Southern Blotting

Terry Brown1

1 University of Manchester Institute of Science and Technology, Manchester, United Kingdom
Publication Name:  Current Protocols in Molecular Biology
Unit Number:  Unit 2.9A
DOI:  10.1002/0471142727.mb0209as21
Online Posting Date:  May, 2001
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Abstract

Southern blotting is the transfer of DNA fragments from an electrophoresis gel to a membrane support (the properties and advantages of the different types of membrane, transfer buffer, and transfer method are discussed in detail), resulting in immobilization of the DNA fragments, so the membrane carries a semipermanent reproduction of the banding pattern of the gel. After immobilization, the DNA can be subjected to hybridization analysis, enabling bands with sequence similarity to a labeled probe to be identified. This unit presents several protocols for DNA transfer to nylon and nitrocellulose membranes, and for calibrating a UV transilluminator to cross‐link the transferred DNA to the membrane.

     
 
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Table of Contents

  • Analysis of DNA Sequences By Blotting and Hybridization
  • Basic Protocol 1: Southern Blotting onto a Nylon or Nitrocellulose Membrane with High‐Salt Buffer
  • Support Protocol 1: Calibration of a UV Transilluminator
  • Alternate Protocol 1: Southern Blotting onto a Nylon Membrane with an Alkaline Buffer
  • Alternate Protocol 2: Southern Blotting by Downward Capillary Transfer
  • Alternate Protocol 3: Electroblotting from a Polyacrylamide Gel to a Nylon Membrane
  • Commentary
  • Figures
  • Tables
     
 
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Materials

Basic Protocol 1: Southern Blotting onto a Nylon or Nitrocellulose Membrane with High‐Salt Buffer

  Materials
  • DNA samples to be analyzed
  • 0.25 M HCl
  • Denaturation solution: 1.5 M NaCl/0.5 M NaOH (store at room temperature)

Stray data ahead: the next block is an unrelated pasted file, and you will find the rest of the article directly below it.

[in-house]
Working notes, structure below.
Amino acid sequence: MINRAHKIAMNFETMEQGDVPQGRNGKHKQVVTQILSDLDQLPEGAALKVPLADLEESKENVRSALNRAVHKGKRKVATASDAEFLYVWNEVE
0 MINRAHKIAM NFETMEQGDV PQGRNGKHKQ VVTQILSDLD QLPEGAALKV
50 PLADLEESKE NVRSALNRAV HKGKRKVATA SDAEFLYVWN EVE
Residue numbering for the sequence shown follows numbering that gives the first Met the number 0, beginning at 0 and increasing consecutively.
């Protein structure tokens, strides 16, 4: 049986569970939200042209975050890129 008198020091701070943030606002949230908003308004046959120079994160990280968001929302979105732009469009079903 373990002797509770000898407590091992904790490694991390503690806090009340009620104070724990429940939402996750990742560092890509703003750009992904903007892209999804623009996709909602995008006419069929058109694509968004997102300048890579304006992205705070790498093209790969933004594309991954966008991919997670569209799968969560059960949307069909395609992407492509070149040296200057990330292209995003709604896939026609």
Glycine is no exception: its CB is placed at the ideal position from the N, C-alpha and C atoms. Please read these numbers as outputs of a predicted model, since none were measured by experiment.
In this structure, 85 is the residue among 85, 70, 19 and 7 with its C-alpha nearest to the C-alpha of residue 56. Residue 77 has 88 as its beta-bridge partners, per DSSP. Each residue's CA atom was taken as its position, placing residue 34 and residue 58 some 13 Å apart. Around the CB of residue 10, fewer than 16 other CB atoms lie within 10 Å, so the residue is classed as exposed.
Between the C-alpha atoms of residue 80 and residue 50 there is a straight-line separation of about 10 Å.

• Neutralization solution: 1.5 M NaCl/0.5 M Tris⋅Cl, pH 7.0 (store at room temperature)
  • 20× and 2× SSC ( appendix 22)
  • Oblong sponge slightly larger than the gel being blotted
  • Whatman 3MM filter paper sheets
  • Nylon or nitrocellulose membrane (see Table 2.9.1 for suppliers)
    Table 2.9.1   Materials   Properties of Materials used for Immobilization of Nucleic Acids a   Properties of Materials used for Immobilization of Nucleic Acids

    Nitrocellulose Supported nitrocellulose Uncharged nylon Positively charged nylon Activated papers
    Application ssDNA, RNA, protein ssDNA, RNA, protein ssDNA, dsDNA, DNA, protein ssDNA, dsDNA, RNA, protein ssDNA, RNA
    Binding capacity (µg nucleic acid/cm2) 80‐100 80‐100 400‐600 400‐600 2‐40
    Tensile strength Poor Good Good Good Good
    Mode of nucleic acid attachment b Noncovalent Noncovalent Covalent Covalent Covalent
    Lower size limit for efficient nucleic acid retention 500 nt 500 nt 50 nt or bp 50 nt or bp 5 nt
    Suitability for reprobing Poor (fragile) Poor (loss of signal) Good Good Good
    Commercial examples Schleicher & Schuell BA83, BA85; Amersham Hybond‐C; PALL Biodyne A Schleicher & Schuell BA‐S; Amersham Hybond‐C extra Amersham Hybond‐N; Stratagene Duralon‐UV; Du Pont NEN GeneScreen Schleicher & Schuell Nytran; Amersham Hybond‐N+; Bio‐Rad ZetaProbe; PALL Biodyne B; Du Pont NEN GeneScreen Plus Schleicher & Schuell APT papers

     aThis table is based on Brown ( ), with permission from BIOS Scientific Publishers Ltd.
     bAfter suitable immobilization procedure (see text).
  • UV‐transparent plastic wrap (e.g., Saran Wrap) for nylon membranes
  • UV transilluminator (unit 2.5) or UV light box (e.g., Stratagene Stratalinker) for nylon membranes
  • Additional reagents and equipment for restriction endonuclease digestion (unit 3.1) and agarose gel electrophoresis (unit 2.5)
CAUTION: Wear gloves from step of the protocol onward to protect your hands from the acid and alkali solutions and to protect the membrane from contamination.

Support Protocol 1: Calibration of a UV Transilluminator

  Additional Materials
  • DNA probe labeled to a specific activity of 108 dpm/µg
  • Additional reagents and equipment for DNA dot blotting (unit 2.9) and hybridization analysis (unit 2.10)
CAUTION: Exposure to UV irradiation is harmful to the eyes and skin. Wear suitable eye protection and avoid exposure of bare skin.

Alternate Protocol 1: Southern Blotting onto a Nylon Membrane with an Alkaline Buffer

  Additional Materials
  • 0.4 M (for charged membrane) or 0.25 M (for uncharged membrane) NaOH
  • 0.25 M NaOH/ 1.5 M NaCl for uncharged membrane
  • Positively charged or uncharged nylon membrane (see Table 2.9.1 for suppliers)
CAUTION: Wear gloves to protect your hands from the acid and alkali solutions and to protect the membrane from contamination.